Skip to content

Why It’s Important To Play With Your Cat Every Day

May 12, 2013

Warmer temperatures have finally arrived in Chicago, which means we can finally enjoy spending more time outdoors. However, as nicer weather approaches, we may tend to spend more time outside of or away from home, which may mean that we spend less quality time with our cats.

Photo courtesy Jezlyn26.

That’s why it’s essential to make playtime a priority every day. I know this can be a big commitment, especially if a cat isn’t especially physically fit, but the daily activity can result in several benefits including the obvious one of being good for your cat’s health.

According to, “Boredom, loneliness, and a lack of challenge can be extremely stressful to cats.” The author continues by saying that cats are naturally inquisitive, social, and playful, so playtime and general interaction can help keep their spirits up and give them a sense of purpose. Not only that, but daily activity prevents our cats from becoming lethargic; it can also make them less susceptible to illness.

But that’s not all. There are a number of other benefits that stem from playing with your cat, including:

First and foremost, our cats are hunters. I know they can be all “snuggly-wuggly” at times, but at their core, in their DNA, they were built to be predators.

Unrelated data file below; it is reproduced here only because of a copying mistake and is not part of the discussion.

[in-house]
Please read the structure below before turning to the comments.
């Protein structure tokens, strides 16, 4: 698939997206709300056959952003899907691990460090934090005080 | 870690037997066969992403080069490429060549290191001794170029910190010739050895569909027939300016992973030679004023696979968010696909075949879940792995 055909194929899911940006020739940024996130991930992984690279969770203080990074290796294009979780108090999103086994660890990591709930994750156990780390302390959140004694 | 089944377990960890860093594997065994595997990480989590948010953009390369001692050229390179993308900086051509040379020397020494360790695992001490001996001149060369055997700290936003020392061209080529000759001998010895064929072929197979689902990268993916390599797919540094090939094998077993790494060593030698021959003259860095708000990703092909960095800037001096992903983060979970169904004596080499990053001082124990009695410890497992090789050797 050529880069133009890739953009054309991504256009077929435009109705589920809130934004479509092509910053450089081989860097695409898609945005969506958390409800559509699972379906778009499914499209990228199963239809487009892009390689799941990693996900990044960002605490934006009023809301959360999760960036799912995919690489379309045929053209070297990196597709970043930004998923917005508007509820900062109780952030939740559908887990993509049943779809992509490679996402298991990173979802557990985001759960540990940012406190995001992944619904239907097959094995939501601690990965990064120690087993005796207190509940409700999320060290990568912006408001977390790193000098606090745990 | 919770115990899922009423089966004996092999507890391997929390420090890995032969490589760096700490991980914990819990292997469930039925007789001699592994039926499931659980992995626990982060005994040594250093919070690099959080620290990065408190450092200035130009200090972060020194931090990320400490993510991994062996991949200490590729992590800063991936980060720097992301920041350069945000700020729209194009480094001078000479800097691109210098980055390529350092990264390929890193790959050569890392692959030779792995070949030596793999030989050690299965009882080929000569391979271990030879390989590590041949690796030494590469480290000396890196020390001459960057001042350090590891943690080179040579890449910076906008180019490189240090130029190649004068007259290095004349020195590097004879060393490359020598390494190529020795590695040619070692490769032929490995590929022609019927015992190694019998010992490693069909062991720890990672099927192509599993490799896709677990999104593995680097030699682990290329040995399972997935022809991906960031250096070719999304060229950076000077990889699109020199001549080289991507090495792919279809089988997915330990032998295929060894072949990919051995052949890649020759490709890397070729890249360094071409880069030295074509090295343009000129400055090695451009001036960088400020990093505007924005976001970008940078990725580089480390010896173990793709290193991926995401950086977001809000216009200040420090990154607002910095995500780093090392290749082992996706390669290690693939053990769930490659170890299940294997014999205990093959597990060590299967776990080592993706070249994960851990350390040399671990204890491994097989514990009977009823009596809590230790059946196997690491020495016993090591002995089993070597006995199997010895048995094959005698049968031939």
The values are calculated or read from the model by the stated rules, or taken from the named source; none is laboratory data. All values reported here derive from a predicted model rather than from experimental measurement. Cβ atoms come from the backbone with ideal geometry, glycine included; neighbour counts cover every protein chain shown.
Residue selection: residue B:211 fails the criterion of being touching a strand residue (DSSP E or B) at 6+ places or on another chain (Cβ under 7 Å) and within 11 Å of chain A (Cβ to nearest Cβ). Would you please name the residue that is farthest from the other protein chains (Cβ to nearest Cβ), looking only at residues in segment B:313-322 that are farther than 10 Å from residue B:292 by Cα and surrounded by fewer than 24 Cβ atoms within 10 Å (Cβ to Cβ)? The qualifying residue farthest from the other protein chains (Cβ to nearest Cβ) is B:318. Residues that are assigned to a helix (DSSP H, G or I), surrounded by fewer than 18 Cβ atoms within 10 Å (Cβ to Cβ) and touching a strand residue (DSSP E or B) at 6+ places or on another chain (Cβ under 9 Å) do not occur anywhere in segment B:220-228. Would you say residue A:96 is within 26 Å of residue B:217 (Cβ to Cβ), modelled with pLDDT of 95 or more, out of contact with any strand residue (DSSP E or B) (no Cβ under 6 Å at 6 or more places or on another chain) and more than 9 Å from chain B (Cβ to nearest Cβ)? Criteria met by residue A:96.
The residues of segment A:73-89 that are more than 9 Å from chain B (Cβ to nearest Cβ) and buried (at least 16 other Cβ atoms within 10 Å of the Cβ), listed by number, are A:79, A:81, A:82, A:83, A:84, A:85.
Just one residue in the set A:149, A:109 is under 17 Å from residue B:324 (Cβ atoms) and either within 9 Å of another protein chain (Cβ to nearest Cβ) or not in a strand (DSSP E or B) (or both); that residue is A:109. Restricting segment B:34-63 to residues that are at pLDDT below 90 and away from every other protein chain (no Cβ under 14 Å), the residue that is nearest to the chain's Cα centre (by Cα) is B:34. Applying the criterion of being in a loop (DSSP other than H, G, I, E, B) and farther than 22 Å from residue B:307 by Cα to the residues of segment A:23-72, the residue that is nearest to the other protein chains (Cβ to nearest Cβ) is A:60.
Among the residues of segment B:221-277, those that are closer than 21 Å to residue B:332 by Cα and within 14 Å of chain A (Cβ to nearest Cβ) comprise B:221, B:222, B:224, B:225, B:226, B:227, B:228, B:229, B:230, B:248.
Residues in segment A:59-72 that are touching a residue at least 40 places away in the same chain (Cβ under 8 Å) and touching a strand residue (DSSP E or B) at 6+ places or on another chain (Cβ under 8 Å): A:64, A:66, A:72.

Playtime allows them to act on their natural instincts; it gives them a release. Even a few minutes of playtime each day can help your cat tune in to that predatory nature and release some energy constructively.

Photo courtesy blackplastic.

When playing, try to make the toy appear as if it really is prey – something that scurries along and hides from your cat – even if it’s just a feather toy or a ping-pong ball. The idea is you want to get your cat’s imagination going, so he wants to go after it. Appeal to his natural instincts and curiosity, and get creative!

This constructive activity will also give your cat something to look forward to and help relieve boredom. Sure our cats sleep 20+ hours a day, but what about those other four? If they’re just sitting around like potatoes, odds are playtime will be a very welcome relief! It’s a great way to provide mental stimulation, too, especially if they can’t keep themselves preoccupied by looking out windows, etc.

Just as importantly, exercise is essential for our cats, even if they’re not overweight. This is because domesticated cats generally live sedentary lifestyles. Even if that doesn’t result in weight gain, a cat could still face other health issues down the line. If your cat is overweight, issues like arthritis, diabetes, and poor grooming habits could pop up in the future.

Plus, if your cat is special needs and has a condition like cerebellar hypoplasia, odds are that daily exercise may slowly build his muscles and help with coordination, eventually leading to improvement.

If that’s not enough of a reason to get your CH cat moving, consider this: Playtime is often a way for scared, insecure, or nervous cats to break out of their shell. I’ve seen this first hand at my shelter when playing with timid or even feral cats. When you play with them, their attention goes toward playing, instead of being scared. While it may take a great deal of playtime and other positive attention to get an insecure cat to blossom, it can be an important step toward building their confidence.

Photo courtesy elycefeliz.